If your ActiveRecord::Base classes are merely responsible for dealing with persistence etc then what’s the argument against saving all the attributes related to User in one large User table and then creating lots of small, service type objects and using dependency injection when you need to do something with that data?

Put another way, what’s the benefit for breaking up your large ActiveRecord::Base class into lots of smaller ActiveRecord::Base classes if all they’re doing is dealing with persistence anyway related to one central/parent object (User)?

For me it makes sense to break things up and use relationships to connect the different objects together, but I think it’s worth asking the question why (given the example above)?

I feel like this is turning into an argument for document based storage though I don’t know enough about it to comment, other than I should stay away from it apparently!

PS Nice work with your blog. Saw it on Ruby Weekly and then realized it was you on here!


(rubylove.io) #6

“If your ActiveRecord::Base classes are merely responsible for dealing with persistence etc then what’s the argument against saving all the attributes related to User in one large User table and then creating lots of small, service type objects and using dependency injection when you need to do something with that data?”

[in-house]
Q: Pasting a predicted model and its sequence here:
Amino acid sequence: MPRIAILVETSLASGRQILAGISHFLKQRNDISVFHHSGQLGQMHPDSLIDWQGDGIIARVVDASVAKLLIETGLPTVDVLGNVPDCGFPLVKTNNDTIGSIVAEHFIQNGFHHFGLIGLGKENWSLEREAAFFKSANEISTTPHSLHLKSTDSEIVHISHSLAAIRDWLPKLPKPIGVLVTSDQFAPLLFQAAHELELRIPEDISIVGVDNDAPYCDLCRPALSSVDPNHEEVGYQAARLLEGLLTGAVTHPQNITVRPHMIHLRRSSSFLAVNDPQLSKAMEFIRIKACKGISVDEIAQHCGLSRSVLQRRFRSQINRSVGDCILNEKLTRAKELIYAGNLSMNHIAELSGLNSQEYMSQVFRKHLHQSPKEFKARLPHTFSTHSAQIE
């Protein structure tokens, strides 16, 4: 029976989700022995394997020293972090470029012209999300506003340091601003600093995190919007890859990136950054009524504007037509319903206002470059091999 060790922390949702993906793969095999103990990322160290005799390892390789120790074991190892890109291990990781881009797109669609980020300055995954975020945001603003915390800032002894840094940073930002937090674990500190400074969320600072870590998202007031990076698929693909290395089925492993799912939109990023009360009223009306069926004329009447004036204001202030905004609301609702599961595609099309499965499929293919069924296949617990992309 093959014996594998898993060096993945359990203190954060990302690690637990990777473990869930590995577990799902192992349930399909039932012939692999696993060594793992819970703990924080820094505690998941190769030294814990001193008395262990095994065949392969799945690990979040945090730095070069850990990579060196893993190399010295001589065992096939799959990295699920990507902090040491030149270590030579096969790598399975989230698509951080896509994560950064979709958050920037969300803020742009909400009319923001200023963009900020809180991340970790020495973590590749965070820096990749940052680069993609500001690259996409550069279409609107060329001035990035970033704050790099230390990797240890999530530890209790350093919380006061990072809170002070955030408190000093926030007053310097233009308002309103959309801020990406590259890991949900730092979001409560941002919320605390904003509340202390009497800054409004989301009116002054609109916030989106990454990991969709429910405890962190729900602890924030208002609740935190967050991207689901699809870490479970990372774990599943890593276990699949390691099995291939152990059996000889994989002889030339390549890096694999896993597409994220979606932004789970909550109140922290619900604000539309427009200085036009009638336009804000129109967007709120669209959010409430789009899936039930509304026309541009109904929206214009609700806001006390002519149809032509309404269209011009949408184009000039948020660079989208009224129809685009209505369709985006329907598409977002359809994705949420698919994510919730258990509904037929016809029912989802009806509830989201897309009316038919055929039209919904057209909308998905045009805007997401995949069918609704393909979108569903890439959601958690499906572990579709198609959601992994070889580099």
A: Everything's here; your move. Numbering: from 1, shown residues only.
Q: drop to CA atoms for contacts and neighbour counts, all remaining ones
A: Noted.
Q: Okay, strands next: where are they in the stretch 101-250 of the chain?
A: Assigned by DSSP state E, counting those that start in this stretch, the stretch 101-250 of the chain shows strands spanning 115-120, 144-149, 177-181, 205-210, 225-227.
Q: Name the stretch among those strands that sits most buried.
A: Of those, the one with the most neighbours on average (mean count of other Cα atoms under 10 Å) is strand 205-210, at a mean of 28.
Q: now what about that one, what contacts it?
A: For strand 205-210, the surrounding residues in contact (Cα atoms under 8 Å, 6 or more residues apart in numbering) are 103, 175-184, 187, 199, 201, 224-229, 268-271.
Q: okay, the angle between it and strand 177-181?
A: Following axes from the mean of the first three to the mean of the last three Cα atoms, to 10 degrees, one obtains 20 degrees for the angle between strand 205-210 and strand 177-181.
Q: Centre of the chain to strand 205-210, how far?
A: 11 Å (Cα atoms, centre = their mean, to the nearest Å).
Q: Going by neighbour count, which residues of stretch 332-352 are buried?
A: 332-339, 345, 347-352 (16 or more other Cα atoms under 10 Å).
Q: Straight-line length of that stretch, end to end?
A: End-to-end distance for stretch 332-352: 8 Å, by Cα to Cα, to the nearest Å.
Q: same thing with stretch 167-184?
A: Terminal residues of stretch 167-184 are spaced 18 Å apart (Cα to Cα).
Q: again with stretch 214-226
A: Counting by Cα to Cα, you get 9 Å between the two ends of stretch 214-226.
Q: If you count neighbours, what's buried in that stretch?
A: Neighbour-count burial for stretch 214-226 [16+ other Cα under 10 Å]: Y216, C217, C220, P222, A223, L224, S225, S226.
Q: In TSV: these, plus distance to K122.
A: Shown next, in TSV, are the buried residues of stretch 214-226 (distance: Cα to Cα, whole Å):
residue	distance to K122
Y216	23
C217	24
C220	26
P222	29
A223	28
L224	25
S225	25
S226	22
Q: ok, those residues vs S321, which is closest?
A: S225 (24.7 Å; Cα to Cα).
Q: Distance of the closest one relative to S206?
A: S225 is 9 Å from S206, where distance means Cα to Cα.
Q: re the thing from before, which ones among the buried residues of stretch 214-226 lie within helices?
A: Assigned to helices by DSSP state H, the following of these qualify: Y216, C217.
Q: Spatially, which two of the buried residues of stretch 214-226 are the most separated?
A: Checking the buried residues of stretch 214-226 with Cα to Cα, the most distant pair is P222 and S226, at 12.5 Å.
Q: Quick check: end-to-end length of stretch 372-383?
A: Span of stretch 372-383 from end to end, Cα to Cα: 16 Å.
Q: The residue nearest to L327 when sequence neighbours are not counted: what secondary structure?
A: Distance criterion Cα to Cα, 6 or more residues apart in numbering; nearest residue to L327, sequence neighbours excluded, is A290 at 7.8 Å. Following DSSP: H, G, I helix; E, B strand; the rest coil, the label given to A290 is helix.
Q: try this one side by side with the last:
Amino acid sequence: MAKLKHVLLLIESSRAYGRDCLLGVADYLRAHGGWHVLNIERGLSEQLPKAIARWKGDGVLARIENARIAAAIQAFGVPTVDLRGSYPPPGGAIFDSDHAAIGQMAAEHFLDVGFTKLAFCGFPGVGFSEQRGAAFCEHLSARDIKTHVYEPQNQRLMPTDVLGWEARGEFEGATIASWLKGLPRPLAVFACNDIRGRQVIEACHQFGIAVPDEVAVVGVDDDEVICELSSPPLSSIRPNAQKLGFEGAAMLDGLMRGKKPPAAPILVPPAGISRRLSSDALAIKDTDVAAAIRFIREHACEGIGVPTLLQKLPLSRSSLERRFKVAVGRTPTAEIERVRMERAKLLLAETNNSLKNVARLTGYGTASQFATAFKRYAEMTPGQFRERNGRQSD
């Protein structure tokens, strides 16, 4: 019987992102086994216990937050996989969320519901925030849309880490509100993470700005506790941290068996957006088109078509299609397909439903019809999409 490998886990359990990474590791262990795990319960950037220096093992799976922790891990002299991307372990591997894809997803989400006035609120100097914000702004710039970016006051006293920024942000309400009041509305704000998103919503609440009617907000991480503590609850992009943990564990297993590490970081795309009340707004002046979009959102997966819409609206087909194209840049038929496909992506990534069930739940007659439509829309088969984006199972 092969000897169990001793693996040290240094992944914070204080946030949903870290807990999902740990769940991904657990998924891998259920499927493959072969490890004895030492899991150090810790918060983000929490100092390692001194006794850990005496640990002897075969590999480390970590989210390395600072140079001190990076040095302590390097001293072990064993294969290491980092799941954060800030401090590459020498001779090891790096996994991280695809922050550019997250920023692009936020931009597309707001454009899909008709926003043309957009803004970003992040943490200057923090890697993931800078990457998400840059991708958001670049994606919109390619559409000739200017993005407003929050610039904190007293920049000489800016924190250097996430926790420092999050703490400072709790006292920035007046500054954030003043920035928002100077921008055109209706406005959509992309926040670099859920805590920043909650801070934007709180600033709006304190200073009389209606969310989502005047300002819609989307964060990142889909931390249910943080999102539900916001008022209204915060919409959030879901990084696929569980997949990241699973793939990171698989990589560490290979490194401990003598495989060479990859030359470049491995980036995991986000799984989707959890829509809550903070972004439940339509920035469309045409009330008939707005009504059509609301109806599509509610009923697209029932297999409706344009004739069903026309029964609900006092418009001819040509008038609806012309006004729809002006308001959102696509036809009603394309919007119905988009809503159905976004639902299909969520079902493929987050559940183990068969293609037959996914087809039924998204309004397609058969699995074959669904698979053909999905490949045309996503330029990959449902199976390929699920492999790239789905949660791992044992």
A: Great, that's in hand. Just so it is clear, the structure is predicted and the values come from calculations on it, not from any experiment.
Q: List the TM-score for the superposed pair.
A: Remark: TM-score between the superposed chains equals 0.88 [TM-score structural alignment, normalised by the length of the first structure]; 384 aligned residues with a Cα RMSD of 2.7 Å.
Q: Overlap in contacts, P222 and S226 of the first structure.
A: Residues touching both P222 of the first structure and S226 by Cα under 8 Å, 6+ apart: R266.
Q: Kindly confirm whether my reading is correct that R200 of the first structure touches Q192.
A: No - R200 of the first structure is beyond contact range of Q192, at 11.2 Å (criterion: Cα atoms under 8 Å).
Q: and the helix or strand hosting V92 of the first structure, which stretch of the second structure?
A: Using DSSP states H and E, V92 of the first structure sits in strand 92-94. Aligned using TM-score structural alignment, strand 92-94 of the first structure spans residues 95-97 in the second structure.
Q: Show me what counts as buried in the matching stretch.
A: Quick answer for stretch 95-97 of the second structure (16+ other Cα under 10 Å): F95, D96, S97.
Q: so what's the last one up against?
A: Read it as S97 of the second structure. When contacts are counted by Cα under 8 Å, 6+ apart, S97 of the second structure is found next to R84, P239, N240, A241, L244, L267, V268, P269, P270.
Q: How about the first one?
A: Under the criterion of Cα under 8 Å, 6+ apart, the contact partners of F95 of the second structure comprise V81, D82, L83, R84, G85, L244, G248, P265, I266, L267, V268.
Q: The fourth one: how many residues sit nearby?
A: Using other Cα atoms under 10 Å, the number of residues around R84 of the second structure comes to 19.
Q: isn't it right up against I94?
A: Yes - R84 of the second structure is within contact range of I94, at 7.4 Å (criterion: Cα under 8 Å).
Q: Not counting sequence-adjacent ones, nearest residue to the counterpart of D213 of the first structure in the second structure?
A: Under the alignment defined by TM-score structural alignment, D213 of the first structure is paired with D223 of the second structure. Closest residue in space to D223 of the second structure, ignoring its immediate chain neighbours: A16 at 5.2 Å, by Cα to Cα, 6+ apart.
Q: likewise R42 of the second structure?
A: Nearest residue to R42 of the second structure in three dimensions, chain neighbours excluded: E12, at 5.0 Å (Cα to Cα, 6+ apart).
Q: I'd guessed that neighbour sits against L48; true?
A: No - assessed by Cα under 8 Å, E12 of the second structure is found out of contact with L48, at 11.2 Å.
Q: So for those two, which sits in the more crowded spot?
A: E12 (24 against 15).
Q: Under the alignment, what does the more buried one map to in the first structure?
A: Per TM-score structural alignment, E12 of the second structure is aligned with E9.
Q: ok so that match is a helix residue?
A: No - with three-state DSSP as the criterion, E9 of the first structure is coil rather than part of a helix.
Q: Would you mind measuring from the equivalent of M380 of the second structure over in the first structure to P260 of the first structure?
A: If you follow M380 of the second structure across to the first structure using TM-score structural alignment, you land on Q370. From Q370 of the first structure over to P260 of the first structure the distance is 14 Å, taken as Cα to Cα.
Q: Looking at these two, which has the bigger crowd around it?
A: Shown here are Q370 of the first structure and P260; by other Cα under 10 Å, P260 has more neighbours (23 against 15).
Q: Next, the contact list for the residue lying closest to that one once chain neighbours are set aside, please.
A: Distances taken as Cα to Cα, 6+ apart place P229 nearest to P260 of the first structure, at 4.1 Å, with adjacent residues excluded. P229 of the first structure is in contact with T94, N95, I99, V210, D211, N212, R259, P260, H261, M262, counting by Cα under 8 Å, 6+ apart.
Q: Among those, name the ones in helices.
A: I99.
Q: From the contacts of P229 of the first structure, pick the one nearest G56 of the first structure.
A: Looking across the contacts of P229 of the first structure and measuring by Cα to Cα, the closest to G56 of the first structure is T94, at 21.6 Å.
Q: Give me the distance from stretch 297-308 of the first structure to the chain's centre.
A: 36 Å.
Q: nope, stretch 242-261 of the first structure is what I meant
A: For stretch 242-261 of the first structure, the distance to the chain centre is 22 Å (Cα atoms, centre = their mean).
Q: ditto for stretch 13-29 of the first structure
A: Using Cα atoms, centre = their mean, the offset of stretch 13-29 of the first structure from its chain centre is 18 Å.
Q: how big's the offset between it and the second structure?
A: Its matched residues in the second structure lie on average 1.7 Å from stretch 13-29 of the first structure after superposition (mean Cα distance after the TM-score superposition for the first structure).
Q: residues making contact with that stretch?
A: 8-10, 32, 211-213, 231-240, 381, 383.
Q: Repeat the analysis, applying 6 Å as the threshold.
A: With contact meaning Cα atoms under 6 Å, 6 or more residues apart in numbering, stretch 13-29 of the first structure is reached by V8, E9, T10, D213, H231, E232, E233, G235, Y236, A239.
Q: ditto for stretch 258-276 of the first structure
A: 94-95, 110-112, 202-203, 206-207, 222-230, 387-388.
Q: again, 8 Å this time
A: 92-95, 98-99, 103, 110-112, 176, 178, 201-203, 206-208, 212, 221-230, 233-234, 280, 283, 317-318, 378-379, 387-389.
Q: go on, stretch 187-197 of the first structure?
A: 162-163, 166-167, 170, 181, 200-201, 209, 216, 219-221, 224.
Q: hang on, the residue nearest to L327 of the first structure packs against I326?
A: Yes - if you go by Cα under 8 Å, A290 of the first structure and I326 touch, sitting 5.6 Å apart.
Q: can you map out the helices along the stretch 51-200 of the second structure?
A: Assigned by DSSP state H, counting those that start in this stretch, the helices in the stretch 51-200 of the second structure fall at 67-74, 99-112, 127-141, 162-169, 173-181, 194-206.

Excellent question… My answer is I have a major distaste for nils, be they in me database, or be they in me code.

A table with 30 columns that typically only uses a subset of that data becomes unwieldily fast. It is a much better practice to factor our and normalize that data into multiple tables where the objects only know about the fields they need.

Writing conditional logic is a most hated pastime of mine, and this kind of database design beggs for conditional logic in my opinion.

Thanks for the blog congrats :slight_smile: I have a lot of fun sharing my vision of Ruby with the world.


(Ralph Wintle) #7

Thanks @Dreamr. Some useful insight there. I like the point you raise about not having nils in your database.

I came across a few articles concerning data normalization which lead me to reading about Third Normal Form (3NF). Together with First and Second Normal Form, these appear to lay a good foundation for setting out your database tables, and when applied they seem to avoid what I suggest in my original post (having one large User table).

(I didn’t do a CS degree so this stuff is all new to me!)

@georgebrock also highlighted in our mentor exchange, how separating the large table into smaller tables will lead to less coupling and more explicitness in our code.